With Knives Out, writer/director Rian Johnson shows that his bona fide blockbuster outing with Star Wars: The Last Jedi is the exception that proves the rule: here, we are back into the familiar auteur stylings of Looper or Brick. An ensemble cast, classically styled whodunit plot, and a standout soundtrack ground Johnson’s next filmic foray.
In this trailer we meet the Robinson family; Detectives Troy Archer (LaKeith Stanfield) and Benoit Blanc (Daniel Craig) are investigating the murder of the head of the household (Christopher Plummer). Conflict ensues as the investigators delve deeper into the family’s doings.
For a boisterous clash of egos, what better then than Frank Sinatra’s “I’m Gonna Live Till I Die” (1955) to score the proceedings? Besides the obvious morbid lyrical connection, the orchestration carries an effortless sense of drama and style befitting the tone of the trailer’s scenes.
The trailer aurally begins predictably enough, with the tired-but-tested single piano note ringing out just eight seconds in. However, the piano lines careens upwards through a mysterious arpeggiation in tandem with the opening expository dialogue. Notably, at 0:24 we see a hand literally, diegetically, play a single piano note—perhaps a playful acknowledgement of this tired trope.
At 0:29 the Sinatra tune begins and we are plunged into a markedly nostalgic blend of jazzy orchestration, culminating in an early climax at 0:39 at Daniel Craig’s character suavely walks on scene. After a bit of dialogue sans music, Sinatra’s reverb-drenched voice enters at 0:47.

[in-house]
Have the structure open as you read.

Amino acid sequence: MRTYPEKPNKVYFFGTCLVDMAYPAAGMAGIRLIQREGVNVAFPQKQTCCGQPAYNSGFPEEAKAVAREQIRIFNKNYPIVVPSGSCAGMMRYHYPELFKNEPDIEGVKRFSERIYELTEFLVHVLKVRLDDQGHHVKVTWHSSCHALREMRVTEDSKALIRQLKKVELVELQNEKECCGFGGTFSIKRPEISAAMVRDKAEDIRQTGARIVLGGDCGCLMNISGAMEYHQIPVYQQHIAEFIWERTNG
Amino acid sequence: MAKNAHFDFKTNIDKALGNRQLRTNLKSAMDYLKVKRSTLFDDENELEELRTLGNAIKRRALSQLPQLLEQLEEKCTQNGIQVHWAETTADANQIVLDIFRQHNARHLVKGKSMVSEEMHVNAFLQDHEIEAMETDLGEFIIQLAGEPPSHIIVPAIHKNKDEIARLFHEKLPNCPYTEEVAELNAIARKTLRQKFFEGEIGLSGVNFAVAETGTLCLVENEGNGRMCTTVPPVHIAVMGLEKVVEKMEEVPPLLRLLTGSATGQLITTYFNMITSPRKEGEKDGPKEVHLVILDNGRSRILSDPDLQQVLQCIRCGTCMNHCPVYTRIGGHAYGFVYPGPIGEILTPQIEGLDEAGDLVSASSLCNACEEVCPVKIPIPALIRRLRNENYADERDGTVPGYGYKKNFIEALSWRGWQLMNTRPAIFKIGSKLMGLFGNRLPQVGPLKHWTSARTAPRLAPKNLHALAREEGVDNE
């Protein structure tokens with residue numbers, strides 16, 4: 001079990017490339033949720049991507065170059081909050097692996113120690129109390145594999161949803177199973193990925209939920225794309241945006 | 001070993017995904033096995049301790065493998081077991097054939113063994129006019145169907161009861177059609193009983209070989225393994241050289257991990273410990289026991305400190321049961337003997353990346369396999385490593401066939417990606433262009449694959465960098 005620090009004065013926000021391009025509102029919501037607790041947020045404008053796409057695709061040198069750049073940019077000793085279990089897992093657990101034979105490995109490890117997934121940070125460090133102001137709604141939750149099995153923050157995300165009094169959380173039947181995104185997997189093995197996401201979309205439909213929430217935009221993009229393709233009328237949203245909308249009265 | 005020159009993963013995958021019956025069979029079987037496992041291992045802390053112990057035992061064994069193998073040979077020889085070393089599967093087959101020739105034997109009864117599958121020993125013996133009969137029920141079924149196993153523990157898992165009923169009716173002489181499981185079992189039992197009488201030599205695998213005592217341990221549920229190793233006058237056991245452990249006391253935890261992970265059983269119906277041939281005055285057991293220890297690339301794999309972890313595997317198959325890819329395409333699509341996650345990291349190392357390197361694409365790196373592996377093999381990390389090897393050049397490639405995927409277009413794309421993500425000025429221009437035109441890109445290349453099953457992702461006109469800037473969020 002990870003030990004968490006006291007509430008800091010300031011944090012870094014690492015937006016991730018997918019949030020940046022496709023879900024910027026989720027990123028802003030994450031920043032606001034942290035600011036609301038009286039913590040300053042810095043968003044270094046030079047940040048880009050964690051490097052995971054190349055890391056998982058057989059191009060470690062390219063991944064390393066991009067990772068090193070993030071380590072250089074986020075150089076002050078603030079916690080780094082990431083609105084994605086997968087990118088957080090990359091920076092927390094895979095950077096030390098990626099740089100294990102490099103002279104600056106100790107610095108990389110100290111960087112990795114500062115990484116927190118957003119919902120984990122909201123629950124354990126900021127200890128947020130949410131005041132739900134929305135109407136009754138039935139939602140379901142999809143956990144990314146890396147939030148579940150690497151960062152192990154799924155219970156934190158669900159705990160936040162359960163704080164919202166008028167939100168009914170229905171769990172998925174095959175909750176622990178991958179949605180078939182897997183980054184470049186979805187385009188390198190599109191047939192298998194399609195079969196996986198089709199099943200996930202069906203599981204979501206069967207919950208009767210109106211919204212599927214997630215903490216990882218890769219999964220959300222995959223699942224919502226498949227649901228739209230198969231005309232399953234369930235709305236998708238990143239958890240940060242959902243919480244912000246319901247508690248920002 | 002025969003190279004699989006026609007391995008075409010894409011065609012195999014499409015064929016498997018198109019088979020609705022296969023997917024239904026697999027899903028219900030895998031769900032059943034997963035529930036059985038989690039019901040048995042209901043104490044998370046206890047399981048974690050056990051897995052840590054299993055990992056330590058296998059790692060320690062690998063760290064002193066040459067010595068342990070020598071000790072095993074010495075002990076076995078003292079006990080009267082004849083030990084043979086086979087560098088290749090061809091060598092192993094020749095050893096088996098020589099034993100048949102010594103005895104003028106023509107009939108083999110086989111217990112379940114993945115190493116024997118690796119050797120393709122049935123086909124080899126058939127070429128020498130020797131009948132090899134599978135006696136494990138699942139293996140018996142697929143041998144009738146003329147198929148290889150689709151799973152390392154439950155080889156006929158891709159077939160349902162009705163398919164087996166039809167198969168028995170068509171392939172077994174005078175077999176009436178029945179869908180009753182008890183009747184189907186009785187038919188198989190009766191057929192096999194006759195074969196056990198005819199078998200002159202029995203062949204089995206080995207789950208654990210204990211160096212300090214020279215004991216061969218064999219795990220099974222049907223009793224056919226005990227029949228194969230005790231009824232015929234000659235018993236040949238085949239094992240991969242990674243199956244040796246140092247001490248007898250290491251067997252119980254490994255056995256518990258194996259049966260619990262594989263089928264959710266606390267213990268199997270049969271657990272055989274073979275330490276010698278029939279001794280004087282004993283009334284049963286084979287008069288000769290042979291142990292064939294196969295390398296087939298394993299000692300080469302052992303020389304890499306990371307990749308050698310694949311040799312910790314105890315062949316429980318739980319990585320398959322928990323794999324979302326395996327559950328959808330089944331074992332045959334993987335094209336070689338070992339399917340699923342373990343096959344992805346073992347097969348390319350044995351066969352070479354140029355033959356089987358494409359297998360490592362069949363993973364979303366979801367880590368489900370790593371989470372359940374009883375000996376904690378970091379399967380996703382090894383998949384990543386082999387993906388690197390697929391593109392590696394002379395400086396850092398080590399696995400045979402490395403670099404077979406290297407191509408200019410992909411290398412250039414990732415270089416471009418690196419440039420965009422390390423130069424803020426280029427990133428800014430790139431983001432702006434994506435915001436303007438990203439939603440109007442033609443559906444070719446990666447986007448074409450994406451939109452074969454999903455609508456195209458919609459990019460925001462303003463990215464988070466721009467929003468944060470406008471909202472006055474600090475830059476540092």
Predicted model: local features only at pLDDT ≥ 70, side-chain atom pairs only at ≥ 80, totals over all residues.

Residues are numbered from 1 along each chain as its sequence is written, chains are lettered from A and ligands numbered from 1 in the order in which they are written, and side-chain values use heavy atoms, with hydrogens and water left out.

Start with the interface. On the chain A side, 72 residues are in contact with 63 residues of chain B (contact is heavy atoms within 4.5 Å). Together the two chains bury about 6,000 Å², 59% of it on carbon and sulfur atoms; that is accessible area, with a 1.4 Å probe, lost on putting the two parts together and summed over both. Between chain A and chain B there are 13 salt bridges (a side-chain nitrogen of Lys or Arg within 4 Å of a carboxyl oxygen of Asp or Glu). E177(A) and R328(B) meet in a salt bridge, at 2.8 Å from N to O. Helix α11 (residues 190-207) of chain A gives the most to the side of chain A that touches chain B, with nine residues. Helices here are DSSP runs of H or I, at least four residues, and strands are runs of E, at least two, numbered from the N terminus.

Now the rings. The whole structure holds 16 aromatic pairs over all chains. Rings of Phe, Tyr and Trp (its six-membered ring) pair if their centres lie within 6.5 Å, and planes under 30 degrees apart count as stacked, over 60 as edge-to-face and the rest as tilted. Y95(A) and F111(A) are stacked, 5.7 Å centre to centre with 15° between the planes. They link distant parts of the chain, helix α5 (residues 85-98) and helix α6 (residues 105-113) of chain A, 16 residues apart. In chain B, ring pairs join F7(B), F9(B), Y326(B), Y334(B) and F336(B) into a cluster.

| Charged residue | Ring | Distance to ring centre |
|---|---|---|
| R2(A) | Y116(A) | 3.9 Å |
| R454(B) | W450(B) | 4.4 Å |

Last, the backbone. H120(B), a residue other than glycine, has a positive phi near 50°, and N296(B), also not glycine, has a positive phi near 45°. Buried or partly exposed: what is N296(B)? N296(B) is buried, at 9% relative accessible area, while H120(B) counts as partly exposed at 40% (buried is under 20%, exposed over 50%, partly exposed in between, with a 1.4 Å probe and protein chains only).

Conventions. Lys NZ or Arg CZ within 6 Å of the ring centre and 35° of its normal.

At 1:10 another layer of action-oriented percussion is layered atop the Sinatra track, effectively trailerizing the original tune until at 1:25 we hear drumming that is far and away more akin to epic music than anything from the 50s.
At 1:38 we hear yet another twist on the track as the last “live” of the song is enlongated through some almost unnatural-sounding chromatic harmony; by 1:41 we expect it to end, but it keeps going, with a flipping coin interspersed between actors’ title cards and the seemingly incredulous faces of the actors themselves.
In yet another twist, the trailer ends on a comedic moment as yet unseen in the trailer: “What is this—CSI: KFC?” Chris Evans’ character deadpans. The refusal to conform to any particular editing convention befitting a single genre speaks to the film’s irreverence and what promises to be a film that seeks substance through style, not unlike the immediately identifiable aesthetics of, perhaps, Tarantino or Wes Anderson.
The final title card for the film at 2:07, with its bouquet of knives, matches almost too well with Sinatra’s final note on the word “die.”
Knives Out hits theatres on American Thanksgiving.
— Curtis Perry